I’m just back from my writer’s night in King Street, Bristol where the novelists meet.
Before the meeting I went into the spar shop to get some cash for the meter.
Behind me a man said. I’m not gay you know, staring at the girl behind the till.
‘No, I’m paranoid.’ He said, ‘I take tablets.’
He paid for his apple.
‘I’m sorry I’m paranoid,’ he said, It’s because of a girl. She broke my heart.
Looking through old photos taken over the last few years I’ve noticed many of them are paths.
A few weeks ago some friends and I visited the National Trust property, Montacute House in Somerset in a converted ambulance called Bob.
|Alice in Wonderland|
The day was the first hot day of summer, and the sun was high and still. As we walked up to the imposing Elizabethan Mansion an Alice in Wonderland type girl posed for a photo-shoot. Her face was chalk white and she wore a silk peacock gown. The young photographer. behind a very large tripod wore a white cotton dress. They were both yin and yang, presumably students, but both looked as if they’d walked out of a film.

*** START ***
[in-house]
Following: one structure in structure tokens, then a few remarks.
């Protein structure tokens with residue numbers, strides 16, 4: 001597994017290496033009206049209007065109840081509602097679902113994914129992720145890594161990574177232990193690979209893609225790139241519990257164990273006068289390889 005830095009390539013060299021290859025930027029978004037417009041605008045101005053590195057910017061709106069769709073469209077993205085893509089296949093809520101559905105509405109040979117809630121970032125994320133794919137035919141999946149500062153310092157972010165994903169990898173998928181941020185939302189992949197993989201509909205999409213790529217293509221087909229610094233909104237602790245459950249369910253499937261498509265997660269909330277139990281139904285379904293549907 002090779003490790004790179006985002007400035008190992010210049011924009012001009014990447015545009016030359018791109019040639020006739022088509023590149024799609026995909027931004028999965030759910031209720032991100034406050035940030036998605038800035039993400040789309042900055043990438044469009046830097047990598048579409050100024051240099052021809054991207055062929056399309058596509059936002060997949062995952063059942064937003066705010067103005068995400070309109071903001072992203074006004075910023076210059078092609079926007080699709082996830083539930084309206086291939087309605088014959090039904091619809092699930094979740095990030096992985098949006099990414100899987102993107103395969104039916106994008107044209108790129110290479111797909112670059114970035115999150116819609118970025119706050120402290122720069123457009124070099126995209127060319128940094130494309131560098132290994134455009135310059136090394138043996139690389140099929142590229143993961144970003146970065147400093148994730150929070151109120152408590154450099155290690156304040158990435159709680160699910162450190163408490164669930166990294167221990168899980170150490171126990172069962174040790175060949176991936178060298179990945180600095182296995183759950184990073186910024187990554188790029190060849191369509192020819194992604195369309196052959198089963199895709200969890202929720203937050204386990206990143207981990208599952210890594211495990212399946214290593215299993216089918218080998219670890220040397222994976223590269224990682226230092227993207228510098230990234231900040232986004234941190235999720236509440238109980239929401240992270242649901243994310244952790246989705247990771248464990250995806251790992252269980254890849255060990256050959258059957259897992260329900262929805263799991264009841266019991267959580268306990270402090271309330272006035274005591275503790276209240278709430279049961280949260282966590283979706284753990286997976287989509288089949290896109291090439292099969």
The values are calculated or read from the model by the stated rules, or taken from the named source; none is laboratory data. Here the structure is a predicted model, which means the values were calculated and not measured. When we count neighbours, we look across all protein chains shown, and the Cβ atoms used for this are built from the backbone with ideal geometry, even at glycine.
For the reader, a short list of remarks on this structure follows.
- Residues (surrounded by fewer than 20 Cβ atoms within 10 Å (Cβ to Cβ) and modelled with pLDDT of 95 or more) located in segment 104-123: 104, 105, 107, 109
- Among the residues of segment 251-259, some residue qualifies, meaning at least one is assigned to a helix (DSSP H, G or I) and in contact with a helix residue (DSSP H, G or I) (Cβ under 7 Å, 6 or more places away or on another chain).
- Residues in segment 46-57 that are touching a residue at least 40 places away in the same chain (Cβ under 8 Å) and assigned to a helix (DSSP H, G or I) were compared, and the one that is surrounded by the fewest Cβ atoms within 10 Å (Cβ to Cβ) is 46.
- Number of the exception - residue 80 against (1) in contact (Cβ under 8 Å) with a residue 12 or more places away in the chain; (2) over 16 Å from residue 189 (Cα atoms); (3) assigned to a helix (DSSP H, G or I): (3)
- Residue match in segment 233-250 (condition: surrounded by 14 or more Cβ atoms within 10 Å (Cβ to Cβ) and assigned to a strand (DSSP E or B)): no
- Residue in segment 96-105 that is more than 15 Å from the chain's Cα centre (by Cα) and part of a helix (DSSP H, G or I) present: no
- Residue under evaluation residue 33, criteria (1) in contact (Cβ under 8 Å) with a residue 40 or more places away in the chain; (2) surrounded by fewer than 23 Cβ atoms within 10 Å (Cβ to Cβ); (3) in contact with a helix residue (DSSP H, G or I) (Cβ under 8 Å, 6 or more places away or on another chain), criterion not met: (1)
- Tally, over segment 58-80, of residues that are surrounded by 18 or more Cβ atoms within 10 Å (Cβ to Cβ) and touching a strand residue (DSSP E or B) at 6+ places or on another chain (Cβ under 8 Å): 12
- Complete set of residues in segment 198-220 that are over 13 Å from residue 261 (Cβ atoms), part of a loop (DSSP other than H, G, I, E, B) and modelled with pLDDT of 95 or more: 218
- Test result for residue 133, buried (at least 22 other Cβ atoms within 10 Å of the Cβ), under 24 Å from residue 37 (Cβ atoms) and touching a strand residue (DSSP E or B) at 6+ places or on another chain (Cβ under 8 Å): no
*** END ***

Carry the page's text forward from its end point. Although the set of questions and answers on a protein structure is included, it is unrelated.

We walked across Montacute’s fabulously romantic grounds, with deep borders of roses and dreamy planting set against formal lawns. Pudding houses with beautiful mosque-like structures stand at the corners of the lawn. This is where diners would retire to eat quince perhaps ? On the other side of the lawns tall old yews are lopped into topiary, bending and twisting in a formal still life.
The place is full of atmosphere,and on a whim I took this photo. When I looked at it at the end of the day I couldn’t make any sense of the shape our shadows made. I am a petite size 10, but look wide. What was my friend holding? What is the hook that appears on my shoulder?
The picture seems to hold significance beyond itself. Interesting to now discover that the house was built for Sir Edward Phelips who gave the opening speech at the prosecution of the trial of Guy Fawkes.
The exterior is imposing and gargoyles and carved statues keep watch over the house.
Inside are some fascinating pieces such as a marriage bed with carvings of women with enormous breasts and bulging thighs. Upstairs the Long gallery stretches the entire length of the house and contains portraits from the National Portrait Gallery which include the ‘eyebrow collection’ and the ‘crossed eye collection’ of princes and kings – crossed eyes to show that the monarchs aren’t to be trusted. It is a house full of echoes and however much the guides talked the place has an eerie feel to it. This is a view from one of the windows.
And this is one of the staircases, where it’s easy to imagine walking down in the heavy petticoats and gowns depicted in the Long Gallery collection. Luckily trusty Bob was waiting for us at the end of the day.